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Release: April 23, 1999

University of Iowa focuses on improving end-of-life care

IOWA CITY, Iowa -- As part of an effort to meet the unique needs of patients requiring end-of-life care, the University of Iowa has invited an internationally recognized expert in the field to be the keynote speaker at a statewide educational conference on pain management and palliative care.

Kathleen M. Foley, M.D., director of The Soros Foundation's Project on Death in America and co-director of the Pain and Palliative Care Service at Memorial Sloan-Kettering Cancer Center in New York City, will speak at the conference. Titled "Practical Strategies for Clinicians Providing
End-of-Life Care," the conference will be held Friday, April 30 at the Clarion Hotel and Conference Center in Coralville.

Over 150 health care professionals from throughout the state have registered to attend the first Iowa Palliative Care Conference sponsored by the UI Cancer Center, the Palliative Care Consultation Service at the UI Hospitals and Clinics, the UI Pain Interest Group and the UI College of Medicine.

The conference is a continuing education opportunity open to physicians, physician assistants, nurses, social workers and pastoral care professionals. Conference topics include advanced pain management strategies, management of depression in patients with terminal illnesses, cancer pain management, non-pain symptom management and a keynote address by Foley titled "Palliative Care in America: Challenges and Opportunities."

Foley will also visit the UI campus to lecture to second-year physician assistant and medical students in the UI College of Medicine course, "Care of the Dying Patient." The UI College of Medicine is one of a few medical schools nationwide that offers students a formal course covering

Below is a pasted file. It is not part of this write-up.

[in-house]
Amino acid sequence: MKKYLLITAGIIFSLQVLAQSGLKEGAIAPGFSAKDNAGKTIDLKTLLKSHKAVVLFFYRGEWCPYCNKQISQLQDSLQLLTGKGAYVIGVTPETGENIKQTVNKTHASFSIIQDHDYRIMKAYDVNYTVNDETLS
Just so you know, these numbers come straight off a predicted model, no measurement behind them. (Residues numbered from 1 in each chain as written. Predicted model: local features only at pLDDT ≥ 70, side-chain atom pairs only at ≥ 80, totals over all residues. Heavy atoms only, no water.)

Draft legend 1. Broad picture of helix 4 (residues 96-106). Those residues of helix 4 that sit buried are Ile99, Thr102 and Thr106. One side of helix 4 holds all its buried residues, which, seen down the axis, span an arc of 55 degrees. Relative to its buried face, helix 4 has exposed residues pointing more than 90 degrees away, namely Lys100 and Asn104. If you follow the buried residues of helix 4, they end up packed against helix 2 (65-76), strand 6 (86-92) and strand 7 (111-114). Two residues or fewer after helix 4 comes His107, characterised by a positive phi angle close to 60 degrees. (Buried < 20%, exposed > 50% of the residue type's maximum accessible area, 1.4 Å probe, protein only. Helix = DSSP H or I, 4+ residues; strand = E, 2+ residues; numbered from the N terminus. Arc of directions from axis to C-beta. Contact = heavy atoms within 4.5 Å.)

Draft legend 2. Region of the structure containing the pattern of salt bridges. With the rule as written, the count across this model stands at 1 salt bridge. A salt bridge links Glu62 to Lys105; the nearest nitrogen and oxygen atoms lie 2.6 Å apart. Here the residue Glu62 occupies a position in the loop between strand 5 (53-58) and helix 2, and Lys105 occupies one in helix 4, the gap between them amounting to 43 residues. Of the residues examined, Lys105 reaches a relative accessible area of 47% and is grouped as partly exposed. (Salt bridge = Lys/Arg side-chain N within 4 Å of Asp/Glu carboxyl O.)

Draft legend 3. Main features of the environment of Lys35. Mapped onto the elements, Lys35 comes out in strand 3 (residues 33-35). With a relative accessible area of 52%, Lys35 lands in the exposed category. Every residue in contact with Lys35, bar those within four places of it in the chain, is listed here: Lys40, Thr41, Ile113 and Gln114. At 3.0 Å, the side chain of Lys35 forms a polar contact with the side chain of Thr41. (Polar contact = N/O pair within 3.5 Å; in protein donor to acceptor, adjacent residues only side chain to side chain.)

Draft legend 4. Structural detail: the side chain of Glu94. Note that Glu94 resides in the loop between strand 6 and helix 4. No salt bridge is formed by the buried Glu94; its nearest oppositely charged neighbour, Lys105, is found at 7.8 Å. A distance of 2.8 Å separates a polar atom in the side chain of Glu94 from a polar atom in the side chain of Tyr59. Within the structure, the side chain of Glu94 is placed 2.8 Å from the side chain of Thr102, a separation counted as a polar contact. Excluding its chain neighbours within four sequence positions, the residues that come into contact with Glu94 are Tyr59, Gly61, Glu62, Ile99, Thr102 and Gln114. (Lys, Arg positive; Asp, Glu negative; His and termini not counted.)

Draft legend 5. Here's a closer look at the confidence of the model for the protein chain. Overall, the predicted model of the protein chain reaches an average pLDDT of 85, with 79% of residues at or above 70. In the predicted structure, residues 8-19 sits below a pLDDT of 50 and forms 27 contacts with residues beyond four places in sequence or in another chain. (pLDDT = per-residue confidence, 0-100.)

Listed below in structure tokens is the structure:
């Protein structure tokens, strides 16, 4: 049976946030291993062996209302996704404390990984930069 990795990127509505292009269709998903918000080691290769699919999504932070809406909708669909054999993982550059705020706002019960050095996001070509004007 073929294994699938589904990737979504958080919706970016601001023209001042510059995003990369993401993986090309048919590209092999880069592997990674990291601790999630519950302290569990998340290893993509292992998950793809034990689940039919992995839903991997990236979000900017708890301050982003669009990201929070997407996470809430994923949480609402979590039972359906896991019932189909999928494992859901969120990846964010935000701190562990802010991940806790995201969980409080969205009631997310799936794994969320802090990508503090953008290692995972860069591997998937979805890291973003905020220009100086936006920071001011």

end-of-life care issues.

The UI's commitment to promoting excellence in palliative care extends throughout the state through the teleconferencing program, "Televised Learning Conferences on End-of-Life Care." This project, supported by The Soros Foundation's Project on Death in America, links 42 participating hospices throughout Iowa in sponsoring monthly interactive teleconferences educating health professionals on palliative care topics.

In addition, Foley will join UI faculty and staff in celebrating the opening of the palliative care unit at the UIHC. The Palliative Care Consultation Service provides care for inpatients at the UIHC through an interdisciplinary team that includes a physician, a nurse, a social worker and a chaplain. The five-bed unit is located within the John and Mary Pappajohn Clinical Cancer Center.

"Recent public attention to the activities of Dr. Jack Kevorkian and Oregon's legalization of physician-assisted suicide has dramatically emphasized the need to improve patient care, research and education in end-of-life care," said Kirk Payne, M.D., director of the UIHC's Palliative Care Consultation Service. "In caring for patients near the end of life, our goal is to help patients get the most out of living by addressing their physical symptoms, emotional and spiritual needs."